Part of the EMT class I'm attending is having actual patient contact. Normally there are two ways of going about this, either time on an ambulance or in a hospital Emergency Department, so last night I spent 8 hours at the Skagit Valley Hospital. I can say, I was anxious but not nervous, I knew that if anything happened and I ended up in over my head, someone would get me out of the way or show me what to do. The anxiety stems from now dealing with real patients, people with real injuries and illnesses, not simulated scenarios, and they are complete strangers. When you're in the hospital with a family member, you are focused in on just what is in front of you, and generally speaking, there isn't much you can do but sit, wait, and listen. Now, I was putting on gloves and following nurses, doctors, and technicians around to provide real patient care. Upon arrival, we met Gene, the charge nurse. Gene was an old Navy vet who has been an RN for I don't know how long, but that department was unequivocally his during that shift. He was like a conductor of a symphony, directing doctors and other staff to where they needed to be, and also being there whenever there was any questions.
We also met Todd, the technician on shift that night. He's an EMT and fire fighter who is continuing his education while working shifts at the hospital. He gave us the grand tour, showing us all the various gadgets and gizmos (good proper medically terminology, eh?) and what to do when and where. After that they divided us up amongst different RN's since we had four students on shift from two different locations, which was unexpected. It was also a slow night, which is great for the general public, but not for students. We started shadowing our RN's around, mine was Alana, who started out down in Phoenix back in 2005. She also worked at another hospital to the south in Arlington, Wa., so she works several shifts each week.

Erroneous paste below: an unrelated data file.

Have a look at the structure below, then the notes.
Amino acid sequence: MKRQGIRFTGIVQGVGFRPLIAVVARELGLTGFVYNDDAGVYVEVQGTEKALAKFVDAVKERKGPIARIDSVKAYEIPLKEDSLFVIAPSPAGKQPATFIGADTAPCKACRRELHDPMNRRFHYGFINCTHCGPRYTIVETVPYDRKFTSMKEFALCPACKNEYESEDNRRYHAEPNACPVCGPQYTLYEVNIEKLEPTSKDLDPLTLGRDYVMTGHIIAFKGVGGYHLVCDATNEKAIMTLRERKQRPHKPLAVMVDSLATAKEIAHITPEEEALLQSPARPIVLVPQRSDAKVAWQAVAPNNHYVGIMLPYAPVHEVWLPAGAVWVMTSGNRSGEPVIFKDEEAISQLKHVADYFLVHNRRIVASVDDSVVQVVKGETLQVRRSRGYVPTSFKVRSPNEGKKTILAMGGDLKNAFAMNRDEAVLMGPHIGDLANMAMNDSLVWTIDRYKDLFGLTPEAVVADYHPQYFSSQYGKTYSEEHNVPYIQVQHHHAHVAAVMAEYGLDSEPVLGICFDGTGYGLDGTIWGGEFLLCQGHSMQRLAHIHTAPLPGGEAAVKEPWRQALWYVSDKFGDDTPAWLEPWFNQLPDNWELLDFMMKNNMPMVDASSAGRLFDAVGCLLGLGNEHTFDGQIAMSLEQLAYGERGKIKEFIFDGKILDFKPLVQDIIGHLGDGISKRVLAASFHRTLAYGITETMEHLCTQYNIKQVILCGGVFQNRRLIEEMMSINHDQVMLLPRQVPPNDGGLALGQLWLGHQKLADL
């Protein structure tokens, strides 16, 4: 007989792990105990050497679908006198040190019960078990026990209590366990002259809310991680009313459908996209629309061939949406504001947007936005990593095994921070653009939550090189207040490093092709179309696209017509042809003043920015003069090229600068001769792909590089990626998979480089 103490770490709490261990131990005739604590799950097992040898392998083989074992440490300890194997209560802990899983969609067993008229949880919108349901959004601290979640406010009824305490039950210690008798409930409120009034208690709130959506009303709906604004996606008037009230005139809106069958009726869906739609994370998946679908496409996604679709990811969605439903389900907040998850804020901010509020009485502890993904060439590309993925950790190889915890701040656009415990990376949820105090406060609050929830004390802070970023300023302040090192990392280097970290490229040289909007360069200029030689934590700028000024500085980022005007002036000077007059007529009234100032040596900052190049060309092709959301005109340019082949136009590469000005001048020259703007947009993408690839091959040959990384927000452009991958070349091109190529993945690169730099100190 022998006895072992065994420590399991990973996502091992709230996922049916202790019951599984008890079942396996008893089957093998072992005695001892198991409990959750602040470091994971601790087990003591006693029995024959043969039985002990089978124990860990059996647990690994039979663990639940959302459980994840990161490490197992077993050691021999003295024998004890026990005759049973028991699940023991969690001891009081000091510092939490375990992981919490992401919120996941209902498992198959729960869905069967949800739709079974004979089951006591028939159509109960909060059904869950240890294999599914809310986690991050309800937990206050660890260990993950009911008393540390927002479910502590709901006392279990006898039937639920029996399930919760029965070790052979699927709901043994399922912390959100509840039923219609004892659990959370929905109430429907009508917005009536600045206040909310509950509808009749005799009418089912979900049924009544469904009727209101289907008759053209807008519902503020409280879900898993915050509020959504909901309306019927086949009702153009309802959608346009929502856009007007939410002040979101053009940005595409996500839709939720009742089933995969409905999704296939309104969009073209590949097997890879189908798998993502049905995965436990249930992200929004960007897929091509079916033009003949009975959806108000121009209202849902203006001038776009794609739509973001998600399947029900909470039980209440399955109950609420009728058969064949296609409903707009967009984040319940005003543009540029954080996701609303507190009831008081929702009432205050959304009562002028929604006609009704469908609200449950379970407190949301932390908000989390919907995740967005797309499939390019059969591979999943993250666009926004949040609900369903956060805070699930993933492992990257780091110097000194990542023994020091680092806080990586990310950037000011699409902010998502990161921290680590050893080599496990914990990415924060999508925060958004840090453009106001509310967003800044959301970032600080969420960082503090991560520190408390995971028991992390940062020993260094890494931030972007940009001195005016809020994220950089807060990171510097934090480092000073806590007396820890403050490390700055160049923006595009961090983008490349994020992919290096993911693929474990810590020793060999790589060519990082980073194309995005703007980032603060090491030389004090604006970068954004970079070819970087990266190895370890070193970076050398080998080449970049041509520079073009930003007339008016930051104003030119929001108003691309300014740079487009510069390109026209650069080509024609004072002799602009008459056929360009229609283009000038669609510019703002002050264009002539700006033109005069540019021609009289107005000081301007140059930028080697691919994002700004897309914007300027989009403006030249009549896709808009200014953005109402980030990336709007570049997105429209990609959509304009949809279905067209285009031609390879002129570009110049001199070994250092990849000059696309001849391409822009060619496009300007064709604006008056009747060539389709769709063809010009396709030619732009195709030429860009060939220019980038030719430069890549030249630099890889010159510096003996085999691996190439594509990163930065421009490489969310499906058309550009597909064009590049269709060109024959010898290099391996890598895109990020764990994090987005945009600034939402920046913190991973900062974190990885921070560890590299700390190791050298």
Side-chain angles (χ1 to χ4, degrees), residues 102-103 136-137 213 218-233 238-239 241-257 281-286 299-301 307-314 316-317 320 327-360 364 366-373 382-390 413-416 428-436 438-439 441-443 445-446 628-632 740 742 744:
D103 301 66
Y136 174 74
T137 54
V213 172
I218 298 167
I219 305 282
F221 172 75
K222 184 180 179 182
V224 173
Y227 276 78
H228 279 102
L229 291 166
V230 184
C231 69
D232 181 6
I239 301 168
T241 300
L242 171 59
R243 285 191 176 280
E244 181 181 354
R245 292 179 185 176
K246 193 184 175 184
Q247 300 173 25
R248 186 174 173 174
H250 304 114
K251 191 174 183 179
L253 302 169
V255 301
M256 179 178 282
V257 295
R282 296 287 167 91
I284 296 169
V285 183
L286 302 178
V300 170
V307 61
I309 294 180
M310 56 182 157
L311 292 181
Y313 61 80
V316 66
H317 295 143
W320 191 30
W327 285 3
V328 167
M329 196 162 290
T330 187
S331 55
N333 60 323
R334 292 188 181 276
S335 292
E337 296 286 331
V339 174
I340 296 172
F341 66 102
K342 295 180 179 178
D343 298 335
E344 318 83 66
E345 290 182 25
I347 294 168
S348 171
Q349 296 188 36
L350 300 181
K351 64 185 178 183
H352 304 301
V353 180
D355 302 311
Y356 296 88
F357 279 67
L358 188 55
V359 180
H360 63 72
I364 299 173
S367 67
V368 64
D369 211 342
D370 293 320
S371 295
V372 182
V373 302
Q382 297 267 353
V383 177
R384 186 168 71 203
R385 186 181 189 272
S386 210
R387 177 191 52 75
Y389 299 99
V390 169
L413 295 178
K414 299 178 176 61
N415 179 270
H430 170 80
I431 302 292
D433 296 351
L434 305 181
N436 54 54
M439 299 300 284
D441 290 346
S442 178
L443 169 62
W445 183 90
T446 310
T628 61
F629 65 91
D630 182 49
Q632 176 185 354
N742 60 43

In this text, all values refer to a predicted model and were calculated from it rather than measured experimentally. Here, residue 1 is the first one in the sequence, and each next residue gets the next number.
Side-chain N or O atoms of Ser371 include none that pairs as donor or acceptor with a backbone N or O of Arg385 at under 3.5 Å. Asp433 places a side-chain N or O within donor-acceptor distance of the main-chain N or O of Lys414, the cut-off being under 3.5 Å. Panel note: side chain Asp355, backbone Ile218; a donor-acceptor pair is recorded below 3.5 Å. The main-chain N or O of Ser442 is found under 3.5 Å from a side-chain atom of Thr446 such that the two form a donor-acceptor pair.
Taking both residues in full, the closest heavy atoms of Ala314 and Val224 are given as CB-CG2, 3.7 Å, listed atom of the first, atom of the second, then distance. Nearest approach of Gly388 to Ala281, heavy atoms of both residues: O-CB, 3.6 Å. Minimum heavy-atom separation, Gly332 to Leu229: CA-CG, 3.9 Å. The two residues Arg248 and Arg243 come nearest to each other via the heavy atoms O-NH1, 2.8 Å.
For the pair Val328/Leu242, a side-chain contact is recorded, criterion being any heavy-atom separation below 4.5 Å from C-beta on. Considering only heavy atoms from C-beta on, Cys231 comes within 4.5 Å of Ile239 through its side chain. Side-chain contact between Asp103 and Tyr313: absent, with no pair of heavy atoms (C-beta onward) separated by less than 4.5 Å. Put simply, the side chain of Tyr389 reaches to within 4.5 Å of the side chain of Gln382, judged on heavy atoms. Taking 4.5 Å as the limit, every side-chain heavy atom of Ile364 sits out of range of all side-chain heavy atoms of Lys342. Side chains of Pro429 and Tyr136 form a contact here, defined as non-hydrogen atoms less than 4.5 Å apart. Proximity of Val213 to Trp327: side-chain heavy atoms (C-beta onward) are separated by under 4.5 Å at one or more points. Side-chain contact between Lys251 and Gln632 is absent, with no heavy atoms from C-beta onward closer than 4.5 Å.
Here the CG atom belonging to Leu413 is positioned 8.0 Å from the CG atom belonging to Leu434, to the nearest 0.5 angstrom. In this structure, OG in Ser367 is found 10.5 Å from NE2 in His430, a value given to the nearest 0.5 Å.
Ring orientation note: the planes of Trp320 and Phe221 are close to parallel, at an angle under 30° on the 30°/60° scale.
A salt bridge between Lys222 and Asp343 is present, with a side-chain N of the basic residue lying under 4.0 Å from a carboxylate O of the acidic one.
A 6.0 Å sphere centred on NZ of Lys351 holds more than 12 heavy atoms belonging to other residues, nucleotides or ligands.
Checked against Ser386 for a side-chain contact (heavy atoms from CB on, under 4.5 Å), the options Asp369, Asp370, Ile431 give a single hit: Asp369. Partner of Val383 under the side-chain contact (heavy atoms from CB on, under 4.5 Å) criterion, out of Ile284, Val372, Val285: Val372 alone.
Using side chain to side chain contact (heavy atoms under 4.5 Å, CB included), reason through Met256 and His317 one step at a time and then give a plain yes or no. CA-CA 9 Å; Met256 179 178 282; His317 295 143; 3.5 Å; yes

Even though there were no traumas or major codes, it was still an amazing night for learning and putting "soft skills" to use. I was able to sit in on several procedures, help with vitals, move patients and just be supportive for them. The nurses all appreciated the extra hands, since we could run and grab certain items or help move or hold people if they needed us. Alana also went over charting and documentation with me, which is of the utmost importance in the medical field. They teach this at all levels of healthcare, "If it isn't written down, it didn't happen".
As the night wound down, my partner and I were experiencing fatigue, but we kept going until 7am. We both walked out with smiles on our faces, even if we could barely see straight. I may not have been able to dispense much in the way of hands on care, but I was able to dispense comfort and encouragement, and receive the same from many of the patients. I had a gentleman tell me it was a great thing to be doing what I wanted to do with my life before it was too late, and was thanked by his sister for being there to help care for him. My partner and I were thanked by another gentleman's wife for being there and helping care for him as well. It felt good, even though I'm not going into this field for praise and recognition, but to see that you may have made a little difference when one someone was having a really bad day......That was an amazing experience.